Weakness of Northern Ireland Executive exposed amidst COVID-19
Updated: Oct 6
Northern Ireland’s devolved assembly has confronted the propriety of Deputy First Minister Michelle O’Neill’s attendance at the funeral of veteran Republican and prominent Sinn Fein member Bobby Storey on 30 June. Initially the media showed glimpses of TV footage depicting an abundance of mourners, but there was room for hostility to be heightened further when a selfie displaying a noticeable lack of social distancing involving O’Neill came to light. The third bone of contention came when it was noticed the selfie had been taken in a cemetery on the opposite side of Belfast to Storey’s place of burial. The situation was condemned by UUP MLA Steve Aiken, commenting that in a ‘normal democracy’ a minister would have ‘done the decent thing and resigned’, and with each of the 4 main parties - including fellow nationalists the SDLP - seeking the Sinn Fein leader’s exeunt of office, a debate was set in motion for the 7th July. Despite the two-hour onslaught of criticism to the tune of ‘the Deputy First Minister’s credibility is shot to bits’, in its wake the process can be recorded as a somewhat pointless formality, seemingly having little effect on her ultimate decision. Notwithstanding countless examples of ruthless Cabinet sackings on the part of the British Prime Minister in response to stepping out of line, such as the swift exit of Chancellor Sajid Javid upon refusal to sack his senior staff under Johnson, it mustn’t come as a surprise that the cogs in Northern Ireland just don’t revolve in that manner. The primary explanation for the loophole being that each Ministerial position on the Executive is allocated via the D’Hondt formula according to party share of the vote making each seat the property of one party or another. Instead of a figurehead like the Prime Minister or the influence of tricky questions in a debate deciding a Minister’s fate, it’s their own party that wields power. The fact remains that tribal loyalty is embedded into each and every discussion, rendering dissent from within the party an impossibility. Take Northern Ireland’s 3-year period of stalemate without an Executive throughout which all members of the DUP and Sinn Fein conveniently supported their party’s lack of compromise on contentious issues such as Irish Language legislation and LGBT rights. Stripped back to a sole candidate’s verdict on stepping aside - O’Neill herself – the predictable outcome looms large.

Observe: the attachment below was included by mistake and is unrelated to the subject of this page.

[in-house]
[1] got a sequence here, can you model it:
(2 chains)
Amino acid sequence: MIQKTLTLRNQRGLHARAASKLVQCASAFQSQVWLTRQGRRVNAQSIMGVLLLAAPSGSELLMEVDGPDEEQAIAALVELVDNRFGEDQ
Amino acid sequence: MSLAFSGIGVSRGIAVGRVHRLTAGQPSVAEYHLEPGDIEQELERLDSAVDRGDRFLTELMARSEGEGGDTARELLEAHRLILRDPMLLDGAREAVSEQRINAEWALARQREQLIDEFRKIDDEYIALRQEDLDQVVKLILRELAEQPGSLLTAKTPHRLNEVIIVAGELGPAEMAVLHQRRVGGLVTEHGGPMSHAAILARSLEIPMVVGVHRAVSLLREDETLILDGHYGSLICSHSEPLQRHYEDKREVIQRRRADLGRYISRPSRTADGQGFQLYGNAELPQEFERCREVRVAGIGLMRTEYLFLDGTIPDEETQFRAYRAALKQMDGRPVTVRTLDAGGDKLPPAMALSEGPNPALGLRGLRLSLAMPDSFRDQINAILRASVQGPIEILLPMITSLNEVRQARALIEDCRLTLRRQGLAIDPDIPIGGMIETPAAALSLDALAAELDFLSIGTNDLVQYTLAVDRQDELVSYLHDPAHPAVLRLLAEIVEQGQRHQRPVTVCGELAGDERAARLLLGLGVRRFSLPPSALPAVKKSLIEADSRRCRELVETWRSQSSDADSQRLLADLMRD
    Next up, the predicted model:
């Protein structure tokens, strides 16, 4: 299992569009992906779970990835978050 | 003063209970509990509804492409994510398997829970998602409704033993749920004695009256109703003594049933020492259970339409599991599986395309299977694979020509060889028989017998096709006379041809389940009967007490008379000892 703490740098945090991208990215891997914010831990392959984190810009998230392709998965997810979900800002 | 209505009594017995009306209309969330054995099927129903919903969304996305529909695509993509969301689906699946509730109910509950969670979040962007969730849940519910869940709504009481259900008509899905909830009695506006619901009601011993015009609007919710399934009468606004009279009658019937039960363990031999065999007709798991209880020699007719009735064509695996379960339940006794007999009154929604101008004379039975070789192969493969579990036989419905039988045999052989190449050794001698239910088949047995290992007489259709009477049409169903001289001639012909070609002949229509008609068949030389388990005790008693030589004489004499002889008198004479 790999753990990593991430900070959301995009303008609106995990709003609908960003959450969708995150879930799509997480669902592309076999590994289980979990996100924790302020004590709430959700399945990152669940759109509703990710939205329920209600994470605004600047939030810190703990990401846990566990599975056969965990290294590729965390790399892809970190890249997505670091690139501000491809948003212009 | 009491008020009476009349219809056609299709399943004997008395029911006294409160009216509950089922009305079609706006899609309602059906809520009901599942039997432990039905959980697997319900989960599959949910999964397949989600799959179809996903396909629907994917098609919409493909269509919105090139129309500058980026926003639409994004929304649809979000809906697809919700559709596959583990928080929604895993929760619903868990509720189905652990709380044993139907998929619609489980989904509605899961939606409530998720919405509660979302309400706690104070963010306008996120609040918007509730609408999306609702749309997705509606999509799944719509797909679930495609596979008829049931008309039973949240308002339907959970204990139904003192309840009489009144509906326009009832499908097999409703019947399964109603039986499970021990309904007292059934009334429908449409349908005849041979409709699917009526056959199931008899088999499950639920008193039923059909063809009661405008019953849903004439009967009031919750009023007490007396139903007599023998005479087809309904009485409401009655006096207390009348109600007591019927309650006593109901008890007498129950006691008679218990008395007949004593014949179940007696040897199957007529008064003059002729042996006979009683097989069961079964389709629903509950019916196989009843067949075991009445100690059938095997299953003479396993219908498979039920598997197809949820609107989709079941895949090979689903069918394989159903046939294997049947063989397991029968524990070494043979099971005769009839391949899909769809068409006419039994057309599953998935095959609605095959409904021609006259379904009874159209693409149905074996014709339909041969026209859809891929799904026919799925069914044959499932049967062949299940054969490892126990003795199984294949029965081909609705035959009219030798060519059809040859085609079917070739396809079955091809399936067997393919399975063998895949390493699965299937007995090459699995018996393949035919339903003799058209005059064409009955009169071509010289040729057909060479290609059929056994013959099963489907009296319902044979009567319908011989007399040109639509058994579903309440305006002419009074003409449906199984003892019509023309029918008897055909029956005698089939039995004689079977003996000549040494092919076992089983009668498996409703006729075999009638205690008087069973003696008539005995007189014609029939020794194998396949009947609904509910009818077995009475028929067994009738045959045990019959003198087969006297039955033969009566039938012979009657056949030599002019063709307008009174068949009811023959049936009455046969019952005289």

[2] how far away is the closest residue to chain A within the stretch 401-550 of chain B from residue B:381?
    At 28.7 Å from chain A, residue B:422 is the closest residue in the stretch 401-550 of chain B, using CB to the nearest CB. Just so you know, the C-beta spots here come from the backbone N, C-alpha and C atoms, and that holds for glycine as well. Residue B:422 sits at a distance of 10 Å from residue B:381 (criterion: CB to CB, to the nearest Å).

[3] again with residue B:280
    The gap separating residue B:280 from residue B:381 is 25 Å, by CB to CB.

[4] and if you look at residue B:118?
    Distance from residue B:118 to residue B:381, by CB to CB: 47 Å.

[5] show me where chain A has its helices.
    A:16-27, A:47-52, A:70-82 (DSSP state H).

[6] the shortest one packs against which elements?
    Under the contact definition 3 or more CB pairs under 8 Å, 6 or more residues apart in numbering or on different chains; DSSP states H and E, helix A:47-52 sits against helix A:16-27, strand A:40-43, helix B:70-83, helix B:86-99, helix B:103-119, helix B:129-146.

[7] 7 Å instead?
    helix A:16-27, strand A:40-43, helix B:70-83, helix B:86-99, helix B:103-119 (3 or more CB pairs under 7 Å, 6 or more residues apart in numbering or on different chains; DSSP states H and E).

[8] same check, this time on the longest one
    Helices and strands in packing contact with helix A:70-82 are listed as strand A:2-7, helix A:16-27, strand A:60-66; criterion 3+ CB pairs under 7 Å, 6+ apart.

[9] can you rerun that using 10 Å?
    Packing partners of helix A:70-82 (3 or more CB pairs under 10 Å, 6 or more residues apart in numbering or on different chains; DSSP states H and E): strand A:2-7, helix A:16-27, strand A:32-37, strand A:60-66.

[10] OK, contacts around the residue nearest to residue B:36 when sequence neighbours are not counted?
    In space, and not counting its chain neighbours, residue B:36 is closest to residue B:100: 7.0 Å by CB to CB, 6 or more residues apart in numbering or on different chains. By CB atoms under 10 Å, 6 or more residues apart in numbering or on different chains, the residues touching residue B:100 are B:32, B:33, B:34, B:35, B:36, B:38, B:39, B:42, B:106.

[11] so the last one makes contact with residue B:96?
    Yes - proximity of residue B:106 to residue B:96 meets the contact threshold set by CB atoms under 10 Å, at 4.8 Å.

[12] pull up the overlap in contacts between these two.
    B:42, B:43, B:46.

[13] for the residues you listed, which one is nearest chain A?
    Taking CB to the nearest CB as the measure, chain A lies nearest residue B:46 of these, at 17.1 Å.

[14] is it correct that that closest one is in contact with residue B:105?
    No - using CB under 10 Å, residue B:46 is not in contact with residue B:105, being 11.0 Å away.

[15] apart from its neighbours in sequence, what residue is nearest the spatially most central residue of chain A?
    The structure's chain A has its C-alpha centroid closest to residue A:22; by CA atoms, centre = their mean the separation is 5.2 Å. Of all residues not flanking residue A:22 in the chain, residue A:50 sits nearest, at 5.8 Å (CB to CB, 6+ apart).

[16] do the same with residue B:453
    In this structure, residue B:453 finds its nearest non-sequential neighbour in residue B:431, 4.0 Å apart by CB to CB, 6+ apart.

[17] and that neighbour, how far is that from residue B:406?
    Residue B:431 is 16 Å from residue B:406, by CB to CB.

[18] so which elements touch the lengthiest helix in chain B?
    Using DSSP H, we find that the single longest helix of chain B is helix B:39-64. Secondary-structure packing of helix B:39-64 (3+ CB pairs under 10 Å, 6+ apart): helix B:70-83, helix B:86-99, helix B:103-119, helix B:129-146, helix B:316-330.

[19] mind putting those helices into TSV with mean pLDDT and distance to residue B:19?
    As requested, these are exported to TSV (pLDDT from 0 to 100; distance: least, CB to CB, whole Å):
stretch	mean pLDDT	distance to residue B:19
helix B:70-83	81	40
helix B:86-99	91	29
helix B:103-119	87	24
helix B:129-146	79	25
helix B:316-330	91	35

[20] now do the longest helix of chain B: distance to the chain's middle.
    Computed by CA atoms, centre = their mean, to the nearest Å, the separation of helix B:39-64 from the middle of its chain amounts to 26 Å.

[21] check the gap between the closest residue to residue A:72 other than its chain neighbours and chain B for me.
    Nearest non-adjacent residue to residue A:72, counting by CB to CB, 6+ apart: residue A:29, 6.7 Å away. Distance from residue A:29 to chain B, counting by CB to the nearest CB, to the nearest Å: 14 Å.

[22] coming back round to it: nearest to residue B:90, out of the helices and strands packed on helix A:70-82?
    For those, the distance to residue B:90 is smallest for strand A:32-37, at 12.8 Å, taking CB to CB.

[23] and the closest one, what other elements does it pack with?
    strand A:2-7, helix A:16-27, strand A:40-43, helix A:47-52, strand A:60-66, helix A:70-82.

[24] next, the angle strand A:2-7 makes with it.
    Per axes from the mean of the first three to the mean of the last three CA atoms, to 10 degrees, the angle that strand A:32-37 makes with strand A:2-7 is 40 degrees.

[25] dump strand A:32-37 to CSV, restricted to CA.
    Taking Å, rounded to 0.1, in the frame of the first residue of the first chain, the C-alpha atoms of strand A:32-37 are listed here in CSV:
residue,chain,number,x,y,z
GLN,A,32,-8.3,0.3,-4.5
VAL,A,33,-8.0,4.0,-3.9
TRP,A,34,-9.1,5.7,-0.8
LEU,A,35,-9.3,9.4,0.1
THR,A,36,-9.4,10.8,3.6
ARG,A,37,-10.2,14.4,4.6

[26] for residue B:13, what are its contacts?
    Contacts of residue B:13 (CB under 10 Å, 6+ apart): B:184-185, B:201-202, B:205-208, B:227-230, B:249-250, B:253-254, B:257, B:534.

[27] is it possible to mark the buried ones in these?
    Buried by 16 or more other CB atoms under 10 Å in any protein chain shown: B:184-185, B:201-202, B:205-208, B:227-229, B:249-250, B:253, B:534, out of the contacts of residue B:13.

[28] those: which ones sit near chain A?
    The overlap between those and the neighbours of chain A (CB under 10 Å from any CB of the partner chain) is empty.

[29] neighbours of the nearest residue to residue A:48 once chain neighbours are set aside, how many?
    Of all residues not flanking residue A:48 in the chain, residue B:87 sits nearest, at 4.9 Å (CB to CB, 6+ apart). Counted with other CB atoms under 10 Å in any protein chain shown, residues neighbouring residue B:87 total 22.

Moreover, the inaccessibility of politics in Northern Ireland expands despite a devolved government supposedly bringing a more regional, less centralised approach to political decision-making. Regulations formulated by the Deputy First Minister herself, a citizen of the North whose rules regarding 2m distancing or mass gatherings are said to benefit and be specifically targeted at, were unable to be strictly followed - and yet it’s the ‘representatives’ on Stormont’s hill left to construct the do’s and don’ts, being paid £123,000 for the privilege. Blind obedience from the majority is mandatory, that’s excluding themselves of course. The moral-high-ground-claiming promise from First Minister Arlene Foster awaits us. Her party, the DUP will not collapse the Executive and ‘punish the people of Northern Ireland’ during a pandemic despite strained relations between her and O’Neill. Although, when other types of crisis became apparent such as on average 13 homeless deaths in Northern Ireland per month between October 2017 and August 2018 or the suicide surge because of only 5% of Northern Ireland’s budget being spent on mental health services compared with 13% in England it was deemed acceptable for leadership and a functioning Executive to remain a far off proposal. Now casting our minds back, the ticket Foster’s party initially rose to power on was to dismantle the power-sharing set up under the Good Friday Agreement in 1998 from the inside and not go into government with Sinn Fein. Perhaps it’s the system then, comprised of opposing forces called upon to work together rather than scrutinise each other as practiced at Westminster that has, in this instance, demonstrated its limits.